Nomena’s food journey takes us to three continents, all at different points in her life. She was born in Madagascar, an island nation off the east coast of Africa, moved to France when she was 10 and finished high school, then moved to America for university before settling in Canada in 2006.
At each stage of Nomena’s global journey, she doesn’t only remember the food, she also remembers what that food meant to the culture. “In Madagascar, food was meant to be shared, not just eaten. Every meal, you always prepare for two or three extra people because you always need to be ready for someone to drop in,” she says.
That seems to be a common theme, not only in Madagascar, but across the continent of Africa. In our previous story about PK Aidoo, he mentions that Ghana has a similar tradition of sharing food at the table with extended family and friends. Folake Okusanya also told us that serving jollof rice is non-negotiable for any party in Nigeria.
When she was 10, Nomena moved to France, a completely different country on another continent. You would think the change in food would’ve been dramatic, however, Madagascar was a former French colony, so many of the foods are similar.
“There was French food everywhere [in Madagascar],” Nomena says. “That’s part of the French influence.” But despite the commonalities, Nomena does have memories of dining that were specific to her time in France.
“Some of my favourite memories growing up in France would be eating pastries. Our tradition would be to order pastries from a local bakery every Sunday,” she says.
When pressed her favourite pastries, she didn’t hesitate.“Lemon tarts,” she says immediately, “and mille-feuille. In French, mille-feuille means 1,000 layers. It’s kind of like puff pastry, but really thin with cream inside.”
How can moving to America possibly compare to French pastries? It didn’t. Nomena attended boarding school in Florida before accepting a full athletic scholarship in Texas. Those years were spent mostly eating cafeteria food, so Nomena doesn’t feel like she had the most authentic American experience when it came to food.
One thing that does stand out from her time in the U.S was the portion sizes. “It was shocking. I would go to a restaurant and only finish one quarter of the meal. Then I would bring the rest home and it made three extra meals for me.”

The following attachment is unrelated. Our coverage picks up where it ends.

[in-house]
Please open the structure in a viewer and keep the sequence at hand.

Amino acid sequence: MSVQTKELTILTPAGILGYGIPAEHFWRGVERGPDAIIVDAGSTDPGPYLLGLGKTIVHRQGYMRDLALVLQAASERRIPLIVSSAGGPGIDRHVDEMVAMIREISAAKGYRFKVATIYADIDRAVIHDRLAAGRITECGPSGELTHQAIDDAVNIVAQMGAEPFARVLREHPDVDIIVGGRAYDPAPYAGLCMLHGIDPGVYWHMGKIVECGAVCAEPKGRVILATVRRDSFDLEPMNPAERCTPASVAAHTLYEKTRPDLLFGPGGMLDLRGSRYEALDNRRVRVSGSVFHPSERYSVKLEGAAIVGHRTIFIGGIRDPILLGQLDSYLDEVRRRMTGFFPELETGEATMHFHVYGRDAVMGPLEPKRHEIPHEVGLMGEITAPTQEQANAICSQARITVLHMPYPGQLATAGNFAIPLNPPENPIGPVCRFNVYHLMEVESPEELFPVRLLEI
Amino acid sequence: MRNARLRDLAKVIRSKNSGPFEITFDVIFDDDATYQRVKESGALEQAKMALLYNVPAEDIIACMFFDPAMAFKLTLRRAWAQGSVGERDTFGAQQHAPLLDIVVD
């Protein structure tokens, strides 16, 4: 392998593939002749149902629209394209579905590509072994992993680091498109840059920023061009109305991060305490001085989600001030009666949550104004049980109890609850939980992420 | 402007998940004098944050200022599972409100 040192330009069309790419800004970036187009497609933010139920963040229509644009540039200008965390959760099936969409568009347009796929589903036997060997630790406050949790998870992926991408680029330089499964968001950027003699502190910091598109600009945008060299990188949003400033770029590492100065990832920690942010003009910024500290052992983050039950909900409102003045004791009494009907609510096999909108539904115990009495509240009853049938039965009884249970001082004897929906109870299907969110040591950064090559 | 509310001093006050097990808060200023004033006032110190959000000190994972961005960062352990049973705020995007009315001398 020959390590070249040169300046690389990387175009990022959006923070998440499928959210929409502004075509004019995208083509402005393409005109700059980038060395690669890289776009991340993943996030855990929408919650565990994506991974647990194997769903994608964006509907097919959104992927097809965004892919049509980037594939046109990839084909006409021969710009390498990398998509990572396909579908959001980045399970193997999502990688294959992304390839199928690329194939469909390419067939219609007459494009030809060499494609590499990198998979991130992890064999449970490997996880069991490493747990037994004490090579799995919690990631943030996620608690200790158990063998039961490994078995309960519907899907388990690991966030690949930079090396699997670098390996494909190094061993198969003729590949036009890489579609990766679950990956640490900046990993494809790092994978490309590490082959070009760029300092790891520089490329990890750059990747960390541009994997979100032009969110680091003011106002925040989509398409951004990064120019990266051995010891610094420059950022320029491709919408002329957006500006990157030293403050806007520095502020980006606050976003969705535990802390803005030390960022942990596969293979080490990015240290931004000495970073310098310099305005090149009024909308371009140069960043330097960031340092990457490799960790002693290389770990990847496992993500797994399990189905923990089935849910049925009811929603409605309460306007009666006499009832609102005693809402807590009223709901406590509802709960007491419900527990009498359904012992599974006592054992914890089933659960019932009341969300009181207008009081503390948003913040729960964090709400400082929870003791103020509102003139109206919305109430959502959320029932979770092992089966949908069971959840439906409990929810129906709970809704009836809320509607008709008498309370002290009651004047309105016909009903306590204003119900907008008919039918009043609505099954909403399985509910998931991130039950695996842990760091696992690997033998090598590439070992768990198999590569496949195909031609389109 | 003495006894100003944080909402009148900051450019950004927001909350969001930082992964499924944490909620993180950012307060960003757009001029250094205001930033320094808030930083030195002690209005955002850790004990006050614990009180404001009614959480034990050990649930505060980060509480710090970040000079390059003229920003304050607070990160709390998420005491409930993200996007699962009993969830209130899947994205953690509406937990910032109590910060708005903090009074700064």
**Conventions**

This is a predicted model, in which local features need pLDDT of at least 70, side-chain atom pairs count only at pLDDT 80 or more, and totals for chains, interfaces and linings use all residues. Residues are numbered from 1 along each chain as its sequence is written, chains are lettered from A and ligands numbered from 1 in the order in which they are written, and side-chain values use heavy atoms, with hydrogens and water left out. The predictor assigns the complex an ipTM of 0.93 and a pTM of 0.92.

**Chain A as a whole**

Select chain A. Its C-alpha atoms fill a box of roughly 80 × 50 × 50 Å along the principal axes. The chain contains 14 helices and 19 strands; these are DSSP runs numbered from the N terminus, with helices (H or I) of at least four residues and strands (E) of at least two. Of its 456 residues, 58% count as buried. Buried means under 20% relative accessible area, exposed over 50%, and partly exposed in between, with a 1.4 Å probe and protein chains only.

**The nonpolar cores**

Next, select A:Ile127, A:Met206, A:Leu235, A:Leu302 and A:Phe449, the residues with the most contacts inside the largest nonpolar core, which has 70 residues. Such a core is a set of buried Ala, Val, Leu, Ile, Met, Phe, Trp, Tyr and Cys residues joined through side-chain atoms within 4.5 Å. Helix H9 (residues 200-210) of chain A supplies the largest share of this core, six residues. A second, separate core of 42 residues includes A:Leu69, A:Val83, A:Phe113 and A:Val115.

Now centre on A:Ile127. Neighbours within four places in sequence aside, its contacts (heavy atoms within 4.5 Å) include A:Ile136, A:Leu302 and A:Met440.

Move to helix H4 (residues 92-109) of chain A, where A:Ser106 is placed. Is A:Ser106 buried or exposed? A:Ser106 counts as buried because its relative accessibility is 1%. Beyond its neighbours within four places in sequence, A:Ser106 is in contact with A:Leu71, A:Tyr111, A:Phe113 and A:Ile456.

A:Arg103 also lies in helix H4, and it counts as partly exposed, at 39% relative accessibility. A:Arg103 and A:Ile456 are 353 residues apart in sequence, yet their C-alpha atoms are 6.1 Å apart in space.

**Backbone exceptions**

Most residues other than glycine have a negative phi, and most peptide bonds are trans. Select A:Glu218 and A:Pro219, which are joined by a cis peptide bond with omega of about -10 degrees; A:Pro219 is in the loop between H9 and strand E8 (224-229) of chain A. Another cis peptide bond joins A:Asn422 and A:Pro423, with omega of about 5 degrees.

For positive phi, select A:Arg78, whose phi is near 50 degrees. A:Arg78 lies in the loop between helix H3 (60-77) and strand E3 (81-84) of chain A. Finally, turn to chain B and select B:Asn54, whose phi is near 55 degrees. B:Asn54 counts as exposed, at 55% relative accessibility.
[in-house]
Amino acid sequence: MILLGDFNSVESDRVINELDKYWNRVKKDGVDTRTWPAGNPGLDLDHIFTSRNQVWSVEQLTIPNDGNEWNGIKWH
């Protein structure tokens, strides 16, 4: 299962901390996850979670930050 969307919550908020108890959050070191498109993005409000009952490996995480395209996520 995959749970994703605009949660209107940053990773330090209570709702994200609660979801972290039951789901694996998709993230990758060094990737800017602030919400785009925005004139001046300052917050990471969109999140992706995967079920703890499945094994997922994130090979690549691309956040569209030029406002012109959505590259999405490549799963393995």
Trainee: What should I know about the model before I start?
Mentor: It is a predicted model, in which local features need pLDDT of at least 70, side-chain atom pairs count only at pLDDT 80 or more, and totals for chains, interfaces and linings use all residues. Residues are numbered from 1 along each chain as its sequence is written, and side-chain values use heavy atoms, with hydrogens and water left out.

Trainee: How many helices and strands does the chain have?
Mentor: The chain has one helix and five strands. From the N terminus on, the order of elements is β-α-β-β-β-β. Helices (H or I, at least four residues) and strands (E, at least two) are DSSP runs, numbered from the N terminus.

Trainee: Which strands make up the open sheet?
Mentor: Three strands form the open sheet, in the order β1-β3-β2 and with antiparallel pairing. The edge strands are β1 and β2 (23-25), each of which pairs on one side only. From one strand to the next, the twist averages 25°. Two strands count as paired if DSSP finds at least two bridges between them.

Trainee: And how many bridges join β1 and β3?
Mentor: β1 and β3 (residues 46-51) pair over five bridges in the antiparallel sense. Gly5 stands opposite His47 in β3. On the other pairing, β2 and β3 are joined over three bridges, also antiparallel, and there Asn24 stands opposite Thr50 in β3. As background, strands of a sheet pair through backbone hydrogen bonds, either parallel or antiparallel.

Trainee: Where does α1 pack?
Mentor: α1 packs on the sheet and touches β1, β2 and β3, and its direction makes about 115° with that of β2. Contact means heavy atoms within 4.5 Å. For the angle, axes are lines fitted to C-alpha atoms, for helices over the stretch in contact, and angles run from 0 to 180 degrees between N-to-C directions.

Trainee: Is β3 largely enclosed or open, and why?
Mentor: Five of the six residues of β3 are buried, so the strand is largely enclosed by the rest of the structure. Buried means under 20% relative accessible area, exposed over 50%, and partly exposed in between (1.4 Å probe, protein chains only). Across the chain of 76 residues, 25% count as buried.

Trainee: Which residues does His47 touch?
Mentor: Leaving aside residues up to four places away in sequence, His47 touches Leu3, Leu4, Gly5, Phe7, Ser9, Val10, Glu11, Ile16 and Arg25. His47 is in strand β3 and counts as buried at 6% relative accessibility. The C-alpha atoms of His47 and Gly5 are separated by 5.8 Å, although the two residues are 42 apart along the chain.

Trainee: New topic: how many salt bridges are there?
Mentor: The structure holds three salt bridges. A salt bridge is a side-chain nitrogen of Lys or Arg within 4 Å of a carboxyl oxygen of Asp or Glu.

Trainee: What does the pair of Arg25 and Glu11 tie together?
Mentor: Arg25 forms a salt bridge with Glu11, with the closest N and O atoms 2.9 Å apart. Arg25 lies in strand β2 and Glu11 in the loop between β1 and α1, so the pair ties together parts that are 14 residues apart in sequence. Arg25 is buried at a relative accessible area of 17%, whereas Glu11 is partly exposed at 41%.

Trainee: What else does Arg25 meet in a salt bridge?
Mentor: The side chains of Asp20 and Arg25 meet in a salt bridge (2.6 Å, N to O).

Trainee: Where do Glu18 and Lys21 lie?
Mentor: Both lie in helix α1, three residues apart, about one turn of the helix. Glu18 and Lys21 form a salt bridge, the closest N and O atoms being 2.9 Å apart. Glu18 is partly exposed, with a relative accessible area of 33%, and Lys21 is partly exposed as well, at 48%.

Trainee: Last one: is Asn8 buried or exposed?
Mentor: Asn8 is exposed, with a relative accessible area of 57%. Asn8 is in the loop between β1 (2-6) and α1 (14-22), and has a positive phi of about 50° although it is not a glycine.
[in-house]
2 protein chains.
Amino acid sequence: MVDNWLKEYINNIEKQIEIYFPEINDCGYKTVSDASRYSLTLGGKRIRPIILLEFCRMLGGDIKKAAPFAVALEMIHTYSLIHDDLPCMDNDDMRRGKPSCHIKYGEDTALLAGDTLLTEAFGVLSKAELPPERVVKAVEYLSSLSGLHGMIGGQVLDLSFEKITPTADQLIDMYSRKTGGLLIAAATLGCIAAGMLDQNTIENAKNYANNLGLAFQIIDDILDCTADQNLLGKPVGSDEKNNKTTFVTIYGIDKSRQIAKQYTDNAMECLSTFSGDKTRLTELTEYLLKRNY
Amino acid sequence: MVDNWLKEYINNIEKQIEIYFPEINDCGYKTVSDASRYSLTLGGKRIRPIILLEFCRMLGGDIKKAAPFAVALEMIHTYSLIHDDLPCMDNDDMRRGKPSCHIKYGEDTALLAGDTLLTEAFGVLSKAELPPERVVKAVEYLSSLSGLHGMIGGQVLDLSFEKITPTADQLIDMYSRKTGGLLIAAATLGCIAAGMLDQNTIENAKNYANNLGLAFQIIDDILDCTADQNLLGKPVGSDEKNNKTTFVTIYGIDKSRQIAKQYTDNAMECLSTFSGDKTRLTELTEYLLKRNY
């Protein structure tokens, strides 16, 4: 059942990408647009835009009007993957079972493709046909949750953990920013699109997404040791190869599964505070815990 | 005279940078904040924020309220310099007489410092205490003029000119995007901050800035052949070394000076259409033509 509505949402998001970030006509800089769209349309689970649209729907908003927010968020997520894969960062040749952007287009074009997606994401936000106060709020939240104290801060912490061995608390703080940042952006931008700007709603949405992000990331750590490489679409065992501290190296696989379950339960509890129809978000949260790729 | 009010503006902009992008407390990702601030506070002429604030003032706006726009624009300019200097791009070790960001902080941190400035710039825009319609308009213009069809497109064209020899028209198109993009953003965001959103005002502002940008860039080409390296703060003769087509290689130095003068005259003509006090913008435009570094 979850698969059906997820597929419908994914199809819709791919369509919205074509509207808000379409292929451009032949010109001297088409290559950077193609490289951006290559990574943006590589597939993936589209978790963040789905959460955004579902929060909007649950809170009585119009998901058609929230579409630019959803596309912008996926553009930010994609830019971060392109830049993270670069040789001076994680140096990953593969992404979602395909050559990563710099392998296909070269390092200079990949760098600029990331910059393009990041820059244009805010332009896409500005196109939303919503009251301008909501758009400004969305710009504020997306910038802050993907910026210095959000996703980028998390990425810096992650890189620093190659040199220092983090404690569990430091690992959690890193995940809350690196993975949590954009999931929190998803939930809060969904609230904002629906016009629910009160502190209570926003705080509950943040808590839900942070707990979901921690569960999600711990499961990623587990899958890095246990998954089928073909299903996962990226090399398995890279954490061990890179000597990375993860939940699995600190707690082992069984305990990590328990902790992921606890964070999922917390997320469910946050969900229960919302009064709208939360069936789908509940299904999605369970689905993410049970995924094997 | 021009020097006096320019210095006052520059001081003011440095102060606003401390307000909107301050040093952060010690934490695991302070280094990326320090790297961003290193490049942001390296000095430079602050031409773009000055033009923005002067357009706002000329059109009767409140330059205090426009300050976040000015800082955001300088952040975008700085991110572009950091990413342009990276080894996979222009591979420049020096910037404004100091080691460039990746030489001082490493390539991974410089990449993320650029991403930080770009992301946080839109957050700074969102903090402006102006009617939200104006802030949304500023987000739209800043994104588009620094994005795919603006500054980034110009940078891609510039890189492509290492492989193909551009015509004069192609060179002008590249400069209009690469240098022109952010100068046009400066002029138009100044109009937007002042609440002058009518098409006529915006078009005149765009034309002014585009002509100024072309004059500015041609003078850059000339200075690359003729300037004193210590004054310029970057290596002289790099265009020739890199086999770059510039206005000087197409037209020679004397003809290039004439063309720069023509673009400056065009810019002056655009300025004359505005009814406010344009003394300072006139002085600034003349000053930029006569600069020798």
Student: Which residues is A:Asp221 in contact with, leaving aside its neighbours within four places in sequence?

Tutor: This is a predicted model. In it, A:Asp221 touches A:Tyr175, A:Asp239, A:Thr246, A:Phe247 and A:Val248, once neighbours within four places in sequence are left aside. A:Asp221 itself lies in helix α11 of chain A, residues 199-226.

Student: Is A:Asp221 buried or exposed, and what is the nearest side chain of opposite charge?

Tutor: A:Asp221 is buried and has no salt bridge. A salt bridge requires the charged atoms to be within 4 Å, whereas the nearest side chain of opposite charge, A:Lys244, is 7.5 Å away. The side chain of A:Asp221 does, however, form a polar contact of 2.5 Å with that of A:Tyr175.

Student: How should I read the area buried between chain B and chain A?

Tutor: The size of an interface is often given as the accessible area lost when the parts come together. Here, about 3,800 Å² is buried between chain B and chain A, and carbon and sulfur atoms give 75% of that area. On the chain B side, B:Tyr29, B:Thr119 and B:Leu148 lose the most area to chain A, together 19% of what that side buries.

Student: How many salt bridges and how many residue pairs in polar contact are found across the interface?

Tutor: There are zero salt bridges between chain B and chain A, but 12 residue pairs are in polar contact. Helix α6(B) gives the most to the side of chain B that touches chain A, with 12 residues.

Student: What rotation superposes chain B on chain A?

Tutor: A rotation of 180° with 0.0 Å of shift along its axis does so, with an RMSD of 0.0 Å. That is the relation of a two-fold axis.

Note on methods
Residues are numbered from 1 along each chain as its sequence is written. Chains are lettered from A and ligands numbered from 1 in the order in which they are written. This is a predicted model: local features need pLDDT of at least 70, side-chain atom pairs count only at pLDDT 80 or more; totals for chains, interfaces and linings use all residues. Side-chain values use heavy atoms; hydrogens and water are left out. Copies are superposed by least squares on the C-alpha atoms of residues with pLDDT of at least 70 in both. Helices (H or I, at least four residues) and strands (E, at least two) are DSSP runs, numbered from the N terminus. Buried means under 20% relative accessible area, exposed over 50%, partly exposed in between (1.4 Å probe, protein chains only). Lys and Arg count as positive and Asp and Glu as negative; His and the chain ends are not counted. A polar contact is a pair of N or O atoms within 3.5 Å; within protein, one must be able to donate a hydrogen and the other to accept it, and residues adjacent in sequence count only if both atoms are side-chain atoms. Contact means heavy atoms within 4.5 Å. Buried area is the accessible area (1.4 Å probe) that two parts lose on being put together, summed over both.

By the time Nomena settled in Canada and had her family, she was finally able to make her own meals. “There’s so much diversity here in Canada,” she says. “The great part is that I can get a lot of flavours from Madagascar and France in Toronto. We also embrace a lot of Canadian food, especially with the kids.”
She says her family loves bacon, but when they first moved to Canada, they had no idea what poutine was. When Nomena’s husband first saw poutine in a movie theatre, he was completely confused. “My husband comes to me and says ‘there’s this really weird place that’s serving fries with chocolate sauce,’” she laughs.
Not surprisingly, Nomena also returned to her Madagascan roots and began to re-create dishes from her native island. One of Nomena’s favourite childhood dishes from Madagascar, which she likes to recreate for her family in Canada, is ravitoto. Ravitoto is ground cassava leaves served with a fatty kind of pork and seasoned with ginger, as well as some other ingredients. Nomena says most Asian grocery stores sell ground cassava leaves, so it’s been easy to make this dish.
I hope you’re as excited as we are to try out Nomena’s recipe, and that you’ve enjoyed travelling around the world with all of our food stories.
Nomena’s Ravitoto Recipe
The meal should be served hot. Ground cassava leaves can be found in the frozen section of some Asian supermarkets.